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From E-book "A Guide to Practical Breeding"

by Kamana Rey Bajenting


Game fowl breeding is not only complicated, it is also time- consuming and expensive. Thus, it is tagged as domain of the rich.

Because breeding, supposedly, does not only require substantial capital investment in breeding stock, land and facilities, it also demands quality time from one’s self, as well as, paid manpower and expensive technology that are beyond the reach of ordinary chicken lovers. Plus the fact that game fowl breeding is a hit and miss affair, meaning it is like lottery. In this regard, the more advantage the rich breeders enjoy, because they will have the luxury of more brood fowl which is same as buying more lottery tickets, thus, improving their chances of hitting a jack pot.

Most books on game fowl breeding begin in discussing the huge amount necessary to start up, therefore, disqualifying outright the ordinary aficionado who dreams of someday producing game fowl of his own creation. Well, this is proper and true. But that’s when talking of nothing but the ideal situation. It doesn’t, however, mean that those of us who could not afford the ideal situation, could no longer try. Otherwise, this would mean that ordinary chicken lovers no longer have the right, or say, chance to face the challenges in game fowl breeding and experience the enjoyment in trying, or the satisfaction in reaping the fruits of their labor?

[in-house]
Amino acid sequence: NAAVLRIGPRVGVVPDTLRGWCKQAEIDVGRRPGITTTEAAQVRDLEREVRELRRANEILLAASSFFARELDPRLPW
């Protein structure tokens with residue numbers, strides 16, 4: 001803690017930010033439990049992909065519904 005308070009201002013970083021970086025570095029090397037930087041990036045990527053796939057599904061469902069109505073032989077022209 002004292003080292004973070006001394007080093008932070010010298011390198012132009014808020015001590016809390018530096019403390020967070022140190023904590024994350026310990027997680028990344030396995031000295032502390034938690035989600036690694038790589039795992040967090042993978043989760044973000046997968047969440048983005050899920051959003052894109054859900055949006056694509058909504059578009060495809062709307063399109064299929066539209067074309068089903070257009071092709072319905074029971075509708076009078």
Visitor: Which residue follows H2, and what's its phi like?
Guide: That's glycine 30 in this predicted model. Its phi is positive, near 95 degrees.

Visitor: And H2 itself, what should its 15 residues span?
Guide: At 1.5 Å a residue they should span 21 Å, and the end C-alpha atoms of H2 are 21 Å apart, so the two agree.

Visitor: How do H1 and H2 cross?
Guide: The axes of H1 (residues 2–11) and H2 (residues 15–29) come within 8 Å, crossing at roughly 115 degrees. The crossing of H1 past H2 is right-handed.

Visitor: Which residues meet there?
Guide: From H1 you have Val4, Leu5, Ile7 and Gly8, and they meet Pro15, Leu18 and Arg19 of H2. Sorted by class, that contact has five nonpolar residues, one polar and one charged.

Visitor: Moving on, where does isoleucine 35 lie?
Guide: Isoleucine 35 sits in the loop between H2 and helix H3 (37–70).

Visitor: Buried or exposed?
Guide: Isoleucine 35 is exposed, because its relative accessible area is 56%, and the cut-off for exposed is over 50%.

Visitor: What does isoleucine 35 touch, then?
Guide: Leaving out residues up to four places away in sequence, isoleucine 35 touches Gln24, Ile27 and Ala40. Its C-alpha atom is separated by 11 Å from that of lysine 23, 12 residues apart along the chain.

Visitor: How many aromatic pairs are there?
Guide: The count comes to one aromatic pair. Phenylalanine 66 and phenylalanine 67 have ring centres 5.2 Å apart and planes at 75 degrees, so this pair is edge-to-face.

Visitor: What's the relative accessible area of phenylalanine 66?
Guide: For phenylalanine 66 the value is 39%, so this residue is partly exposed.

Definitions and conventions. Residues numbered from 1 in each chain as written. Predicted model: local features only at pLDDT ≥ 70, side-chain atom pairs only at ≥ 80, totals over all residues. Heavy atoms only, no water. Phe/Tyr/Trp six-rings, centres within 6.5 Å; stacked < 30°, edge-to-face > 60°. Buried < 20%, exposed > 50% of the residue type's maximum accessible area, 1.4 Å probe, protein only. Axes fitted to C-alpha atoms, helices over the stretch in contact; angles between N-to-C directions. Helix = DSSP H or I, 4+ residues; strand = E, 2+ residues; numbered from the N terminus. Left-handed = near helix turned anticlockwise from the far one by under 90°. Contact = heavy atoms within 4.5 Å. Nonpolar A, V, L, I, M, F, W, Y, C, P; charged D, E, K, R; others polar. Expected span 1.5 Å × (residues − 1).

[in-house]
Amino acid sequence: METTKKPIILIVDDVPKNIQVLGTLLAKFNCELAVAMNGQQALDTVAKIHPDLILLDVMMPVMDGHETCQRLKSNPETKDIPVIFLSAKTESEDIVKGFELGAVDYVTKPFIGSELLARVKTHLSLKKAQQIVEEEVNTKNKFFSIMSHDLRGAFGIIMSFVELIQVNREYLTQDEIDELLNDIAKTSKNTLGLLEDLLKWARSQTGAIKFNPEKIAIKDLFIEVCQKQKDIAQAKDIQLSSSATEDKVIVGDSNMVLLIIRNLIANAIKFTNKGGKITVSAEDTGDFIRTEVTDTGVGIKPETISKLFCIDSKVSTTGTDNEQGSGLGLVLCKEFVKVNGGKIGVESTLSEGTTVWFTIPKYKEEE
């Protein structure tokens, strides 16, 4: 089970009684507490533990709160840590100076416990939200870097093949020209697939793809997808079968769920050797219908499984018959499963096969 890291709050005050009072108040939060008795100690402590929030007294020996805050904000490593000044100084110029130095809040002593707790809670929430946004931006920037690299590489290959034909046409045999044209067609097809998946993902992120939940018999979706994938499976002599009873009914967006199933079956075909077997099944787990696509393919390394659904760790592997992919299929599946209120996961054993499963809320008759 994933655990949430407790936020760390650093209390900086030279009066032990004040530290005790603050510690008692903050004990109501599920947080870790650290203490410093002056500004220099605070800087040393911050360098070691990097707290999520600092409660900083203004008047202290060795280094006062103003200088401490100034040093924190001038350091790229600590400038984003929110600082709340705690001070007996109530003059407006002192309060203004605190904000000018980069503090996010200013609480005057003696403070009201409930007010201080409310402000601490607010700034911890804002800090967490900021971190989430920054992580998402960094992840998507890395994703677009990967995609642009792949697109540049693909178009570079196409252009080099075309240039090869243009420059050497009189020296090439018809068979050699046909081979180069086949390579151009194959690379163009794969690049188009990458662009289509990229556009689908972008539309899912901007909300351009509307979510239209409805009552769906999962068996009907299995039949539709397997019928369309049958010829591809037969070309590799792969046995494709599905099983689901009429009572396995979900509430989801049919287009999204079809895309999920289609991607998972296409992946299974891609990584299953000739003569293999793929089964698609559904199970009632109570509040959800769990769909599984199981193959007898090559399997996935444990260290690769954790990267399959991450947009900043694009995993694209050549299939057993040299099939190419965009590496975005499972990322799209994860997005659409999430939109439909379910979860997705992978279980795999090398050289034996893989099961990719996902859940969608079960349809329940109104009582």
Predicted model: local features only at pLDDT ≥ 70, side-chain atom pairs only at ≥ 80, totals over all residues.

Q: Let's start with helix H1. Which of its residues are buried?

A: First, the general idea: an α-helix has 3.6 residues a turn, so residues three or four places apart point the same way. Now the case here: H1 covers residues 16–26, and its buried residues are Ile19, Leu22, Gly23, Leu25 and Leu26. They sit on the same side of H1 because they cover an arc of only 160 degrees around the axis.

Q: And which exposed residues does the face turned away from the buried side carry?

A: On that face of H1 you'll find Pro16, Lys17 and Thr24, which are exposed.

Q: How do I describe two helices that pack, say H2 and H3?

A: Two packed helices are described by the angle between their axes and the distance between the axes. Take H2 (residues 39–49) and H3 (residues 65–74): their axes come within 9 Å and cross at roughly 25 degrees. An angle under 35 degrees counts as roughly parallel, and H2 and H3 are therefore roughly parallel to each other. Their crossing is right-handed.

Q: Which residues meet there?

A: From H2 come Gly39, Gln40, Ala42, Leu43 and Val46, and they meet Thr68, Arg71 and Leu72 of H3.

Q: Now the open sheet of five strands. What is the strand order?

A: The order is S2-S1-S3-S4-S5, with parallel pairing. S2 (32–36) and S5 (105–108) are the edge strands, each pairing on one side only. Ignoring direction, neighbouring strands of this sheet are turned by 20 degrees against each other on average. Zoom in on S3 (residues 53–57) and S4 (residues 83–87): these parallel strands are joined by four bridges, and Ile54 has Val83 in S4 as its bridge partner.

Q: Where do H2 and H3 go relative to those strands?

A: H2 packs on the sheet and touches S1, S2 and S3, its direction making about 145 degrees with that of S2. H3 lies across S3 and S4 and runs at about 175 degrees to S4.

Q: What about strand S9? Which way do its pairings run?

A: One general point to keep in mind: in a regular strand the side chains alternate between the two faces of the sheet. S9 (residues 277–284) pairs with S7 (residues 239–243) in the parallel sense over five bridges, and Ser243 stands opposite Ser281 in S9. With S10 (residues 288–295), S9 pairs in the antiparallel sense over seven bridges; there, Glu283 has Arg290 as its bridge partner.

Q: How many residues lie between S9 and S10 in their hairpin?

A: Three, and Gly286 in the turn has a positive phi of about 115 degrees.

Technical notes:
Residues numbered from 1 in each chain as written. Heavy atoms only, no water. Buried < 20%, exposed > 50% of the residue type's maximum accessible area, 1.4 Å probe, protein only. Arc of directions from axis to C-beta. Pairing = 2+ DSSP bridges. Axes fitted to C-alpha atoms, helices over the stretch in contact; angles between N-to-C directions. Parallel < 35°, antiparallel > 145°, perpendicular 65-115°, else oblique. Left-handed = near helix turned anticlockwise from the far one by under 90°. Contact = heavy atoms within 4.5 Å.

Maybe, we can still pursue breeding even under less-than-ideal conditions? Anyway, in cockfighting, each one of us, like water, seeks his own level. Maybe we could just set our breeding goals to the de-mands of the level and the standards of circuits we intend to compete in? Maybe less expensive but acceptably good breeding materials will do. For after all, breeding is so complicated that one could not ascertain the outcome. Sometimes, the most beautiful brood stocks produce mediocre offspring while average parents produce outstanding progeny. The reason for this is that we only judge the parents based on the traits we see or phenotype. It may not be enough, because, there are characteristics we could not see, the genotype. Therefore a beautiful and superb fighter for a brood cock does not guarantee success.

Maybe just a small land will suffice. We don’t need hectares of ranging area when we only raise a few dozen stags a season. And, with target production of just a few dozen stags, certainly we don’t need mil-lions in operating capital.

The first thing is to set a realistic goal.

Maybe an appropriate goal for any ordinary upstart breeder is to produce bloodlines that could compete in hack fights and derbies in a locality. You don’t have to aspire for world beaters when you don’t intend to compete in international derbies. But your goal doesn’t rule out the possibility that you can produce world beaters. Many successful breeders started up small and ended up big. On the other hand, I have known of big shots who started breeding with all guns ablaze. Unfortunately, after many years, their guns were still firing blanks! (Read the E-book go to library at the navigation bar above.)


June 2, 2013 at 9:18 AM Flag Quote & Reply

Kamana Rey
Limited Member
Posts: 104

Practical breeding will be a topic during the PMA Lessons and Tour 2 in Cebu on Oct. 4, 5 & 6, 2013. More info.


Don't leave luck to chance.

June 26, 2013 at 10:00 PM Flag Quote & Reply

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